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  INSTITUTE FOR CLINICAL EVALUATIVE SCIENCES

SEPTEMBER 2013

 
At a Glance
  MONTHLY HIGHLIGHTS OF ICES RESEARCH FINDINGS FOR STAKEHOLDERS  
 

Metformin may lower risk of prostate cancer death in men with diabetes

Margel D, Urbach DR, Lipscombe LL, Bell CM, Kulkarni G, Austin PC, Fleshner N. Metformin use and all-cause and prostate cancer-specific mortality among men with diabetes. J Clin Oncol. 2013;  31(25):3069–75.

ISSUE

Emerging evidence has linked metformin, a drug widely used to treat diabetes, to decreased cancer risk and improved cancer-related outcomes. Is increasing exposure to metformin after a diagnosis of prostate cancer associated with lower mortality in men with diabetes?

STUDY

Identified 3,837 Ontario men older than 66 years who were diagnosed with diabetes between March 1997 and March 2008 and subsequently developed prostate cancer. Determined the cumulative duration of their exposure to 4 antidiabetic medications (metformin, sulfonylurea, thiazolidnedione and insulin) from the date of diabetes diagnosis to death, a last health services contact or March 31, 2009, whichever came first, and measured prostate cancer-specific mortality and all-cause mortality.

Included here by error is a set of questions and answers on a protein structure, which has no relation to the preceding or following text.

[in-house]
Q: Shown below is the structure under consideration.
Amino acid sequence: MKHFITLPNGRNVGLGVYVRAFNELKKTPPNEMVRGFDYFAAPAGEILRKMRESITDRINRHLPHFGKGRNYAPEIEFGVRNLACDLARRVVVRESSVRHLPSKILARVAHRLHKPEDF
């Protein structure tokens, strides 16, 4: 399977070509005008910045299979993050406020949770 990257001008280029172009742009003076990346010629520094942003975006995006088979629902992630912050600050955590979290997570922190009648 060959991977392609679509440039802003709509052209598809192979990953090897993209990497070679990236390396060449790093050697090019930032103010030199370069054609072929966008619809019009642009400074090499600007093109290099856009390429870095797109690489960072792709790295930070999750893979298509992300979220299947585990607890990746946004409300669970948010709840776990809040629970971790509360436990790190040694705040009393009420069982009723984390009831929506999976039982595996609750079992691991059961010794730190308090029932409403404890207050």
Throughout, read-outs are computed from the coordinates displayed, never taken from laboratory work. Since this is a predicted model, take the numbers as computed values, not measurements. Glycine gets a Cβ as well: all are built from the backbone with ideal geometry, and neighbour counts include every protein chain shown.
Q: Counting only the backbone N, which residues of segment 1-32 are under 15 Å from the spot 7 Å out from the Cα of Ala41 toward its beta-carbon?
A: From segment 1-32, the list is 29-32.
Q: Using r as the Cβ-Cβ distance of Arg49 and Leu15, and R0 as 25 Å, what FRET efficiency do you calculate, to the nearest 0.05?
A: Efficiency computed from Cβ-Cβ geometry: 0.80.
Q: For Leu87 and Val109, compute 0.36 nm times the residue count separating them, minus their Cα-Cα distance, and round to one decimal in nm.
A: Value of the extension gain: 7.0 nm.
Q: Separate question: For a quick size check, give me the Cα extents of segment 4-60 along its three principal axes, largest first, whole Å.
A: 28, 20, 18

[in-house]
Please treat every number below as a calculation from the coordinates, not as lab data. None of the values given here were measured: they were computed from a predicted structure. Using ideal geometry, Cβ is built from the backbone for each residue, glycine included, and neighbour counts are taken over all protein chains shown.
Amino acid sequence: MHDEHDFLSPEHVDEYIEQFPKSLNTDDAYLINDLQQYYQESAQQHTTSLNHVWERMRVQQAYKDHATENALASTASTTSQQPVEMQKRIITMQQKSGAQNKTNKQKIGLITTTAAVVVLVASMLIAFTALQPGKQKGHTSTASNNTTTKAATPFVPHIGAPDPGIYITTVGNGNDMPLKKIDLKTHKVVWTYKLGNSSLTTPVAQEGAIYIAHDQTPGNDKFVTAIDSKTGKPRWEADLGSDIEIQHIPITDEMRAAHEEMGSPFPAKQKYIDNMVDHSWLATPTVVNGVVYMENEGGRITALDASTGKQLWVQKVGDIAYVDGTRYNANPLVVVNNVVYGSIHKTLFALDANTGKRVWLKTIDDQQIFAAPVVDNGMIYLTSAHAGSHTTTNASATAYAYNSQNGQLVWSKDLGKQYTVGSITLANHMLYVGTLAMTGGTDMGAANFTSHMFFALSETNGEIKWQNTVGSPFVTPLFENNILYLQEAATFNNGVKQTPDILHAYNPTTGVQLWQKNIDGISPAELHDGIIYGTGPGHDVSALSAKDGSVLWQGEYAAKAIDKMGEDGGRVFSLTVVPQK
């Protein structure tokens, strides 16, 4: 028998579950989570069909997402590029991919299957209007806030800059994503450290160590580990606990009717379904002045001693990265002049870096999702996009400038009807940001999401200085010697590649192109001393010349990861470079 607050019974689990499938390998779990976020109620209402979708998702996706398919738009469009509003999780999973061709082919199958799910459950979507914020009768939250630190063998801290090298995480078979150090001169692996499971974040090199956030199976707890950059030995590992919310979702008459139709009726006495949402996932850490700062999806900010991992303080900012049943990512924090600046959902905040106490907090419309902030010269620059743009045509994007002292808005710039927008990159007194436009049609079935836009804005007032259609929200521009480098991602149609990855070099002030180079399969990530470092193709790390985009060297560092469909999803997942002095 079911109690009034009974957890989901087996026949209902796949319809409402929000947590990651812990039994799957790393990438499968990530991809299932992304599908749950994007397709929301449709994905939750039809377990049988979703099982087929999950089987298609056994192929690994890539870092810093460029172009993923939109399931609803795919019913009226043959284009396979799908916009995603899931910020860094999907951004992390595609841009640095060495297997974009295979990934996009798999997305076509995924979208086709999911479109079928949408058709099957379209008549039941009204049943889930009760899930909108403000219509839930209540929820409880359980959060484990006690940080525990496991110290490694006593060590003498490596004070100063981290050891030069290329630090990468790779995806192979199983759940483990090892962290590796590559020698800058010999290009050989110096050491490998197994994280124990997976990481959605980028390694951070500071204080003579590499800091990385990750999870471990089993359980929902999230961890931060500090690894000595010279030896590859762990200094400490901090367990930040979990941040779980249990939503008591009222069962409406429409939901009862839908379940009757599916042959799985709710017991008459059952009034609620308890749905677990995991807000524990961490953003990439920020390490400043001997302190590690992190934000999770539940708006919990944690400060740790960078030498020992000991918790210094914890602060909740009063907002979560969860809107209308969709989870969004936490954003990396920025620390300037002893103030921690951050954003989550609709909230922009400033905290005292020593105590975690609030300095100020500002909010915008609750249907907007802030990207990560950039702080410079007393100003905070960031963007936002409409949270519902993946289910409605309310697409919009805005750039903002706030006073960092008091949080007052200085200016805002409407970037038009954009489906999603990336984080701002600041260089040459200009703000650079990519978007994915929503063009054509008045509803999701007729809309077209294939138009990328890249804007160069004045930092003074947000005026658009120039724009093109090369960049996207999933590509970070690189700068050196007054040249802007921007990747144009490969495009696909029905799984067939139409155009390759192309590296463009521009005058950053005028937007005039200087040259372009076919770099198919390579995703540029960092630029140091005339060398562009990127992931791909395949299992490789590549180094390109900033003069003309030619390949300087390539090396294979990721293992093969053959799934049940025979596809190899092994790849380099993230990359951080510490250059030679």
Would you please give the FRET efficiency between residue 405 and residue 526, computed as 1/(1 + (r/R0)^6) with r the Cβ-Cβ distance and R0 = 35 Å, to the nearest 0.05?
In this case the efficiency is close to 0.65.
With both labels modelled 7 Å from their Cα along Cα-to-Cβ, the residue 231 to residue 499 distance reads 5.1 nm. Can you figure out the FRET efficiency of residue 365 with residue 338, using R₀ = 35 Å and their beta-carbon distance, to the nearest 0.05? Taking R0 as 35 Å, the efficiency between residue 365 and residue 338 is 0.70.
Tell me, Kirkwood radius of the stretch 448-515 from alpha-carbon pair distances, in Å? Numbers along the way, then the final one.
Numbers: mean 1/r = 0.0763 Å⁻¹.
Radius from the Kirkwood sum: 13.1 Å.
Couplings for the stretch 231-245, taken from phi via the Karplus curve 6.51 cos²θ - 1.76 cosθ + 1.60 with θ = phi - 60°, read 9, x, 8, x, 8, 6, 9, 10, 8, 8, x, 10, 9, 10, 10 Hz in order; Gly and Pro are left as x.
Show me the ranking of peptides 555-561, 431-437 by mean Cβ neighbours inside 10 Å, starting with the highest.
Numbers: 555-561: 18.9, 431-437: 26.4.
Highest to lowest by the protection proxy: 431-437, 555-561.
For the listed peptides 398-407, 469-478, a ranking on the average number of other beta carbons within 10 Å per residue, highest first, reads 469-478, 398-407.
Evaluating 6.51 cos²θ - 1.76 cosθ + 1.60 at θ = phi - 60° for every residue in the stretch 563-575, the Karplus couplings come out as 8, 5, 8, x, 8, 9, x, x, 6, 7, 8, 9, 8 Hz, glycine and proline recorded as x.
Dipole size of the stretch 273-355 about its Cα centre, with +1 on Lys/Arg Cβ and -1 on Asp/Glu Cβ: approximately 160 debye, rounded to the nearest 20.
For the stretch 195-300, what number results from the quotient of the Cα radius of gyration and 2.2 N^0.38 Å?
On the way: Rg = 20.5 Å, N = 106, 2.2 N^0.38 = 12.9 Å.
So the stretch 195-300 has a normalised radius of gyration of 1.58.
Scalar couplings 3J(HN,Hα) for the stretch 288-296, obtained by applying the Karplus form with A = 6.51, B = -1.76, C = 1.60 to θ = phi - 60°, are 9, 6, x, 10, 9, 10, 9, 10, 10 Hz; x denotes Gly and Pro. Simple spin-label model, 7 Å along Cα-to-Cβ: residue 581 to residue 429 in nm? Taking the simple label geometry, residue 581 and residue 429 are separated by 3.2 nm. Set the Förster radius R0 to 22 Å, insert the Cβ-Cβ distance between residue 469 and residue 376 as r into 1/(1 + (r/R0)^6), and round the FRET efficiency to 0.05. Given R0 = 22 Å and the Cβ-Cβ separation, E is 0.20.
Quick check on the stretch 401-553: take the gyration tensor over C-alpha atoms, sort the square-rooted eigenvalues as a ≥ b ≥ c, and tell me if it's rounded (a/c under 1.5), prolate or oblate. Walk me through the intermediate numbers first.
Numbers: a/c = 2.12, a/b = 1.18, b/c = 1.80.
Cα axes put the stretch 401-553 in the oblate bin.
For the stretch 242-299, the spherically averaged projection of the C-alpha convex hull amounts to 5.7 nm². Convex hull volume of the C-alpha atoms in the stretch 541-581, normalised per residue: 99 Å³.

KEY FINDINGS

Median age at diagnosis of prostate cancer was 75 years. Prostate cancer-specific mortality decreased by 24% for each additional 6 months of metformin use. The association with decreased all-cause mortality was also significant but declined over time, from 24% in the first 6 months to 7% between 24 and 30 months. Use of other antidiabetic medications did not significantly decrease prostate cancer-specific or all-cause mortality. 

IMPLICATIONS

While these findings are insufficient to institute metformin treatment in men with prostate cancer, they provide a compelling argument for conducting a large-scale, long-term randomized trial as a research priority.
 
 

Fertility therapy not linked to subsequent risk of cardiovascular disease in women

Udell JA, Lu H, Redelmeier DA. Long-term cardiovascular risk in women prescribed fertility therapy. J Am Coll Cardiol. 2013 Jul 19 [Epub ahead of print].

ISSUE

Fertility drugs are known to increase the risk of high blood pressure and gestational diabetes during pregnancy. Does fertility therapy contribute to the risk of cardiovascular disease in women following the birth of their children?

STUDY

Analyzed 1,186,753 million women aged 15 to 55 who gave birth in Ontario between July 1993 and March 2010, and identified those who did and did not receive fertility therapy in the two years prior to delivery. The women were followed until death or hospitalization for a major cardiovascular event (stroke, heart attack or heart failure) or March 31, 2011, whichever came first. 

KEY FINDINGS

During the study period, the proportion of pregnancies conceived after fertility therapy rose five-fold, from 1 in 400 to 1 in 80. After 9.7 years of median follow-up, the 6,979 women who delivered following fertility therapy had about half the risk of subsequent death or a major cardiovascular event than women not receiving the therapy. The decreased risk of long-term adverse events was consistent across age and socioeconomic groups.

IMPLICATIONS